One of the most common questions we get at my email marketing company, VerticalResponse, is: "How can I make sure my emails look good on cell phones?"

Cell phones have come a long, long way from the massive, cumbersome bricks they used to be. More than one-third of Americans who own cell phones use them to go online--you might be reading this article on your mobile right now--and more than half of Americans check their email inboxes on their phones, according to the Pew Research Center.

The good news is that because people are checking their emails more often, they're more likely to see your e-newsletters, promotions, and invites.

The bad news? An email designed to be read on a desktop or laptop computer could look downright horrible on a smartphone, which means your recipients might just hit Delete before reading your message.

So let's get to it. Here's a quick cheat sheet on how to make sure the emails you send for your business look great on mobile devices:

1. Go easy on images.

"Clean and simple" are key when it comes to mobile-optimized emails. Don't overdesign with too many images or embed large image files, because they might take forever to load on phones that rely on iffy Wi-Fi connections.

2. Use a responsive template.

If you're using a predesigned template from your email service provider, make sure it's responsive. Responsive email templates are designed to automatically fit the screen on which they're being viewed, so your email will look the way it should whether on a smartphone, tablet, or a PC. If you use a responsive template, you don't have to worry about your email rendering incorrectly.

3. Be word-wise.

Pay close attention to your "from" label, subject line, and preheader text. You've got such small real estate to grab attention, so make every word and character count. For example, an iPhone displays only the first 30 or so characters of a subject line when the device is held vertically, and the "from" label is actually displayed more prominently than the subject line.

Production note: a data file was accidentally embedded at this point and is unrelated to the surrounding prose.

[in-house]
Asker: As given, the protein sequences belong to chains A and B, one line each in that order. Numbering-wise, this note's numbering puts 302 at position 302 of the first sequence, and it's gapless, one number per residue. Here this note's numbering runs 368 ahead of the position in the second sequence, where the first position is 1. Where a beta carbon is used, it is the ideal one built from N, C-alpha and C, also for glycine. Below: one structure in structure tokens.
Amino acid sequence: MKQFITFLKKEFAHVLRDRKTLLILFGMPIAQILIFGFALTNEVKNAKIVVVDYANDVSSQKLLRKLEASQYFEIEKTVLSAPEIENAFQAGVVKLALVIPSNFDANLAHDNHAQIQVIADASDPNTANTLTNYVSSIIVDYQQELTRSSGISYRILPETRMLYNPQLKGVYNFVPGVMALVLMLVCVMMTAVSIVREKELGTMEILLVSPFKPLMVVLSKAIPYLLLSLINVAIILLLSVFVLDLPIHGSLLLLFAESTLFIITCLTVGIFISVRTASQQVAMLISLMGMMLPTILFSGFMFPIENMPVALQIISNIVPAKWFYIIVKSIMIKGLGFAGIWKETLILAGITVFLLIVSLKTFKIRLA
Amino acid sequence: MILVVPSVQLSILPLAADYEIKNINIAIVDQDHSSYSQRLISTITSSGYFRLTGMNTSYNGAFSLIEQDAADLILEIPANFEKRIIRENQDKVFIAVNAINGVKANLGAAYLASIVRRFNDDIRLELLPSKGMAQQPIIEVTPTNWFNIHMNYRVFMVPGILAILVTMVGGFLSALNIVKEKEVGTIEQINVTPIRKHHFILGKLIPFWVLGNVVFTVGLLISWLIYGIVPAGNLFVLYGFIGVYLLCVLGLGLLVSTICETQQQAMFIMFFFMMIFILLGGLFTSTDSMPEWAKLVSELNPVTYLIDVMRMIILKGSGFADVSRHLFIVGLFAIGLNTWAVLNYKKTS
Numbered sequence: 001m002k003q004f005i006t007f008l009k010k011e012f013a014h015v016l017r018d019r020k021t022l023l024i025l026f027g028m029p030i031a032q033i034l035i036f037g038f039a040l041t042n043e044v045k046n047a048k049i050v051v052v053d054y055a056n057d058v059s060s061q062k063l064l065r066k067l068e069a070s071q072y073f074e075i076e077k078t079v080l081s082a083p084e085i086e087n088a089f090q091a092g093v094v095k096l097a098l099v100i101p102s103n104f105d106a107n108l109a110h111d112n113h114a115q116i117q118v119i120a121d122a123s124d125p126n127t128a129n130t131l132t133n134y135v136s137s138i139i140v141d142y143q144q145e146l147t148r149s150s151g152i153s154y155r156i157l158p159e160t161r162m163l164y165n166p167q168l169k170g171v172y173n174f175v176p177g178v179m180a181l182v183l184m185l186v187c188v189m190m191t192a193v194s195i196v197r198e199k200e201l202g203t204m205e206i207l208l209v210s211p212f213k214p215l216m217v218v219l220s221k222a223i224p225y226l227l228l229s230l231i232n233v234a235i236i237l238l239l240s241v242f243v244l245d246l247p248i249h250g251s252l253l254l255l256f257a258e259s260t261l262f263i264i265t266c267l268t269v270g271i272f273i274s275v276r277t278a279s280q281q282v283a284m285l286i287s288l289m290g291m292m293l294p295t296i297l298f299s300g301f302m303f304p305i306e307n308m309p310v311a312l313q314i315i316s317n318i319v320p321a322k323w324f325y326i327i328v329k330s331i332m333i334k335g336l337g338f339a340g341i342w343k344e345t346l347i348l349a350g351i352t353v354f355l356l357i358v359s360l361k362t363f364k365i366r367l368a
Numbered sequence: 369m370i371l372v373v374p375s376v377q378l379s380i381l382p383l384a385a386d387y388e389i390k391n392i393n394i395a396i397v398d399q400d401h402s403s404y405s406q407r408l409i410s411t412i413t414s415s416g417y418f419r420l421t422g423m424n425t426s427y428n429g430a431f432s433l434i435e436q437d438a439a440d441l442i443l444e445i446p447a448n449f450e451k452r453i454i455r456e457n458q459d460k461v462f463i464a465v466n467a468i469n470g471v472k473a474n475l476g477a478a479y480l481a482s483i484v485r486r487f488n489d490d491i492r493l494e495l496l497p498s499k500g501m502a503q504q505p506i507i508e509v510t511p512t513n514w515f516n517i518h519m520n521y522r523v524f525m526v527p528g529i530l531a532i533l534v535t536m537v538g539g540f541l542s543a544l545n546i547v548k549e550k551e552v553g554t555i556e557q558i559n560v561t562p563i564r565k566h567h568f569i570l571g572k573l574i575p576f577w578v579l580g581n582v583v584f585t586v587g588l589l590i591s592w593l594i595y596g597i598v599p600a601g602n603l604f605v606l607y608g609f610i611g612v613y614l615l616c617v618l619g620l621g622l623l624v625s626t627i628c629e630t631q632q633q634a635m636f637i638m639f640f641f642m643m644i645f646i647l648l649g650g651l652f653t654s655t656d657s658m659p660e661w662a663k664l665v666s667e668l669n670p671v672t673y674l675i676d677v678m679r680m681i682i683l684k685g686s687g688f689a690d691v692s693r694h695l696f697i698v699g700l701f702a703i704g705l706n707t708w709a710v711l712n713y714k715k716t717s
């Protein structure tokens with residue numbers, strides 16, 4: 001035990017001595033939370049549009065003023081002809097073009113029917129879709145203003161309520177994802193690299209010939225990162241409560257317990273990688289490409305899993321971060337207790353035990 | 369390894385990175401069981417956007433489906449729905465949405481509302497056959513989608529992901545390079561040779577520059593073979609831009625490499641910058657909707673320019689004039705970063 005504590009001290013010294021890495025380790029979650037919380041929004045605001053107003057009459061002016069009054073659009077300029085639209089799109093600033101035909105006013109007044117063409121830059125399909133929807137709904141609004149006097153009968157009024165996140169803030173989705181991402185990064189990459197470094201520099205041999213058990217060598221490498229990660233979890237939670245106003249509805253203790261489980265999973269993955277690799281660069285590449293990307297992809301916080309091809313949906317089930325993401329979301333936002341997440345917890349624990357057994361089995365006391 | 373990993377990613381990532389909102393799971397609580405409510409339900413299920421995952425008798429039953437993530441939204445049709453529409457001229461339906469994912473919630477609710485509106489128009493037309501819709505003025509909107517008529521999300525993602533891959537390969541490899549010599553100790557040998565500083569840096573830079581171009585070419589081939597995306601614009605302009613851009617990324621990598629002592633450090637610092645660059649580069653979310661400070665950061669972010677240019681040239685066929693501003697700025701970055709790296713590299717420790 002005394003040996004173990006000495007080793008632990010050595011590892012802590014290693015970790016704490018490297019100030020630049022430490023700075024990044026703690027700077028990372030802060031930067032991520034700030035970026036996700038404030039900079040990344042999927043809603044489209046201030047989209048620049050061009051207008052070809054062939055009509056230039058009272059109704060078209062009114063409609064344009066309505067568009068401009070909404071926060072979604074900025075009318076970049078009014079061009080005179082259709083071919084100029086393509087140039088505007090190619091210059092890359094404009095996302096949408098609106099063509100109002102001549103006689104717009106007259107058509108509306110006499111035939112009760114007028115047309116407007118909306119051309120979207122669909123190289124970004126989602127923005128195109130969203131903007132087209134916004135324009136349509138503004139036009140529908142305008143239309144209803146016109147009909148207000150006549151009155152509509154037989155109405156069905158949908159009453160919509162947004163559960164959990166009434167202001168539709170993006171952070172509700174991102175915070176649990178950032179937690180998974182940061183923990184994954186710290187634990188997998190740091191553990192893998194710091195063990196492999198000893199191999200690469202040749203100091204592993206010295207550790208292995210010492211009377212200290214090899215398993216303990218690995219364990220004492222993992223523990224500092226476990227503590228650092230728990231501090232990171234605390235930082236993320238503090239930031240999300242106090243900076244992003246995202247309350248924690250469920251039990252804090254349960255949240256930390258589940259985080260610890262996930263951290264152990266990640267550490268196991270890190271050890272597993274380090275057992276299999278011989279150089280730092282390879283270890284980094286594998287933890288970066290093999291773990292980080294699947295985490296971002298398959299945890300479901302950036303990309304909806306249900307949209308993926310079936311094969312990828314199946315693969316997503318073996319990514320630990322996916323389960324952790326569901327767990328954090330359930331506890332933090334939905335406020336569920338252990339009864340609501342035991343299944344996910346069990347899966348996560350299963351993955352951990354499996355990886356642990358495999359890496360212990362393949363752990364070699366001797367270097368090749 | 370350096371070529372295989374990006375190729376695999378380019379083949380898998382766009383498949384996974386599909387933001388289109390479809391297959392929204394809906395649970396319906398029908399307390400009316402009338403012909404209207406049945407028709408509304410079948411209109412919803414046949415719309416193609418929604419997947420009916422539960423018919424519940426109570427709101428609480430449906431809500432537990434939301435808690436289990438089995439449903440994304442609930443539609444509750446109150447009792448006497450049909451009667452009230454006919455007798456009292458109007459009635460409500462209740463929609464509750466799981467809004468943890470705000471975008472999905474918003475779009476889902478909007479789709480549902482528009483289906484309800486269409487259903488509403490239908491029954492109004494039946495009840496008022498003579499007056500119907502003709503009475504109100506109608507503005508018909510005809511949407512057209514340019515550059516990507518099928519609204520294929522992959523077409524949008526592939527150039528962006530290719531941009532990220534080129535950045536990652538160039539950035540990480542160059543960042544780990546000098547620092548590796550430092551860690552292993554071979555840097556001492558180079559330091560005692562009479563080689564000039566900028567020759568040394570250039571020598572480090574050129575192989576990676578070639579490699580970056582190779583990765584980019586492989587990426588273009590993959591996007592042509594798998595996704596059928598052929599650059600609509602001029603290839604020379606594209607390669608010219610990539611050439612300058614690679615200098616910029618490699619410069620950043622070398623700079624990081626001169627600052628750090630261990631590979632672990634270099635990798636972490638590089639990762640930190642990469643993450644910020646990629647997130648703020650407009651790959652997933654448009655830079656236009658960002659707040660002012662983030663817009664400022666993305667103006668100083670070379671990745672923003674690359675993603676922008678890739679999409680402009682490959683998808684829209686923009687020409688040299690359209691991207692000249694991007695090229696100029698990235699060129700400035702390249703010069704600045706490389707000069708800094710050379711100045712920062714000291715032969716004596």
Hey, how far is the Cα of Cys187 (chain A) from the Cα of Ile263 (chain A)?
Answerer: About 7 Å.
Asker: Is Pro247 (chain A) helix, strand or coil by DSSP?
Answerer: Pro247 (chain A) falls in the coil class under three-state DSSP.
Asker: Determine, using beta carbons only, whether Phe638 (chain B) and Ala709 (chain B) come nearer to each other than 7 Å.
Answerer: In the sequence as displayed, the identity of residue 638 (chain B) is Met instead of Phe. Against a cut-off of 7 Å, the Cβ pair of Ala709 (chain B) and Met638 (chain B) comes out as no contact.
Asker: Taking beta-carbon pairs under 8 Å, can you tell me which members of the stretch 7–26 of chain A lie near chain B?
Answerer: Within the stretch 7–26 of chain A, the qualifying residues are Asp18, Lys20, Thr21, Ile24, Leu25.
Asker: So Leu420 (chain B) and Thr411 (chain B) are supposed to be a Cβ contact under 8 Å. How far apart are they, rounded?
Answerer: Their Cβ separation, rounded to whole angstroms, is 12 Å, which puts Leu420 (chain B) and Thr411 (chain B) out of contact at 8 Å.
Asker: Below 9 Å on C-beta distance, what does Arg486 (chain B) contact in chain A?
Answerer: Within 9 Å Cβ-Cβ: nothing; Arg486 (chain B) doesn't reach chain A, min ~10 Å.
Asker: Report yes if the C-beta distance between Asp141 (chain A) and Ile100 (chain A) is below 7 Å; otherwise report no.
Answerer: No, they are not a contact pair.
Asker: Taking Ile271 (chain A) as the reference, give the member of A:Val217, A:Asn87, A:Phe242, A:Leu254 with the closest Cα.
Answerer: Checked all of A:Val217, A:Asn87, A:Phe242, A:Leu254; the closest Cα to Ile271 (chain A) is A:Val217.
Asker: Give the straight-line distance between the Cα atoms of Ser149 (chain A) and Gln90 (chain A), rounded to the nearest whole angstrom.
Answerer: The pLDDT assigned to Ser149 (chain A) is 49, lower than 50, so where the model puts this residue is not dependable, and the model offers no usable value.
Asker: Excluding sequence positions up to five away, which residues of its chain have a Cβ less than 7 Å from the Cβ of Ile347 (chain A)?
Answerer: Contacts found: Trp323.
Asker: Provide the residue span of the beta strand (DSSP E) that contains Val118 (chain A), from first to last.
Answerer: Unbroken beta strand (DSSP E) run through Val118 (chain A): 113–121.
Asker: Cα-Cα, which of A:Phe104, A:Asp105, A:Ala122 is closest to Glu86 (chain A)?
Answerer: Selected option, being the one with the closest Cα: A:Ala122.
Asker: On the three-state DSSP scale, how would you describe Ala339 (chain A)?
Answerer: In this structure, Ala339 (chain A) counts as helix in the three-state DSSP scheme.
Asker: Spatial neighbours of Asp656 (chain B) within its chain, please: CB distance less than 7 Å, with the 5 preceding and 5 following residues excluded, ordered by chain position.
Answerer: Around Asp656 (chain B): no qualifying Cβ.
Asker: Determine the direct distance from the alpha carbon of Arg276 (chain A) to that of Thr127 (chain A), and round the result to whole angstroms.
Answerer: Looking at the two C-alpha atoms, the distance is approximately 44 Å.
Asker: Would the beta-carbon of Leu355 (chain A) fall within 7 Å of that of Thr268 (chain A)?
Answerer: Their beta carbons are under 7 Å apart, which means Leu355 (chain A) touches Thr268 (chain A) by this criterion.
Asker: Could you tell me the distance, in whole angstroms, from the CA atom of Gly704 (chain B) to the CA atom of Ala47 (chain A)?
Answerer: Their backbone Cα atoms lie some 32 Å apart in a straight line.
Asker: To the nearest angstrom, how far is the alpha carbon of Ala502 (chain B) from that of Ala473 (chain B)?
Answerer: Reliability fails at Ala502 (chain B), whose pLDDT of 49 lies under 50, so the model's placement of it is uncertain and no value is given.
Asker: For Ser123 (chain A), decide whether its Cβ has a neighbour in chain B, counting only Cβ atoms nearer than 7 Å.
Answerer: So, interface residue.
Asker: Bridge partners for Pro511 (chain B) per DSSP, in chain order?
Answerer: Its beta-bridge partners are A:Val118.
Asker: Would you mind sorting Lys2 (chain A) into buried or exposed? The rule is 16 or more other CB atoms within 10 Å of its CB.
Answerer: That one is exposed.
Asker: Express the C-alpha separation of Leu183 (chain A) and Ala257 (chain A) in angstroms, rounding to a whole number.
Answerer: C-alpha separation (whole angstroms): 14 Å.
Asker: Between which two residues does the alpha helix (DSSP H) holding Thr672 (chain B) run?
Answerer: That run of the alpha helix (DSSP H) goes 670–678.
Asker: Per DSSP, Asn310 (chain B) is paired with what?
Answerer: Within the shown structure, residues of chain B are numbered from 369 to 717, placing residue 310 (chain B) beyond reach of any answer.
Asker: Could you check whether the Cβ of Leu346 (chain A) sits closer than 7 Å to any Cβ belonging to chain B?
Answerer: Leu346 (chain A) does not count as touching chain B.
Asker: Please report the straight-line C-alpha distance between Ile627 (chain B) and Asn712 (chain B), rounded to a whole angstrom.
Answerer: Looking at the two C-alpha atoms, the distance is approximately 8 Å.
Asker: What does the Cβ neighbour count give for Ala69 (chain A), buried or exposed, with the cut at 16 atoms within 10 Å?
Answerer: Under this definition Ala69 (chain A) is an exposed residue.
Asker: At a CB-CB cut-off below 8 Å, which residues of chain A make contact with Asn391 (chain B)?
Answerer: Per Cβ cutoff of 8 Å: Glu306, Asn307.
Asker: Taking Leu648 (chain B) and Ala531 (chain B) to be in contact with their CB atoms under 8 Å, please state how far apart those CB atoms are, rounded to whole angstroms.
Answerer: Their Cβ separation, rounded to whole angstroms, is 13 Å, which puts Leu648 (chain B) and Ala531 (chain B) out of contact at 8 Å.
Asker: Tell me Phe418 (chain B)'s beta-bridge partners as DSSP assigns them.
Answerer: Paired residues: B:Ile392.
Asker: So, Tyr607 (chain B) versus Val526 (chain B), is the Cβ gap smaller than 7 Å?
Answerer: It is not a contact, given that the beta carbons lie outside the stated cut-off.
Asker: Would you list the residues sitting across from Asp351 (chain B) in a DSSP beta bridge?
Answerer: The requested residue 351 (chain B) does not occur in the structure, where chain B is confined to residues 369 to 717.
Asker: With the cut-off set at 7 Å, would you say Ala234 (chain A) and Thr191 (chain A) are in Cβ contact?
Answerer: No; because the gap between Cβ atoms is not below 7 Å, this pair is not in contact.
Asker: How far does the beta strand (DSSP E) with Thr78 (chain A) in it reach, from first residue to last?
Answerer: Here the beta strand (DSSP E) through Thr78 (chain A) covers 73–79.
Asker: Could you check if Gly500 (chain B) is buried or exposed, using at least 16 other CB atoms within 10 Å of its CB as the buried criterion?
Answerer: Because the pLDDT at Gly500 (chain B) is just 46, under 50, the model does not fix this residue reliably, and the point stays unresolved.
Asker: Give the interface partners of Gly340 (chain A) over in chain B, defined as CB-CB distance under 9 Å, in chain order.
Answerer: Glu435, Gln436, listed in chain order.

4. Break up text.

Avoid long paragraphs, and don't crowd too many links together at once. Put the most relevant and important information first. Because your readers are probably on the go, they might be easily distracted if you don't get to the point right away.

5. Befriend buttons.

Use buttons for calls to action instead of links. Buttons are easier for people to click on when using a touchscreen (which most smartphones have these days). Leave plenty of space around your buttons to avoid a "fat finger" mishap. Here's a handy, free button-builder tool.

One final thought: Make sure the links you have in your email direct readers to a mobile-friendly webpage. There's perhaps nothing more frustrating for an on-the-go reader to click off an email to a page that doesn't render correctly on a smartphone. Check out this post, "How to Optimize Your Business Website for the Mobile Era," for some helpful tips.

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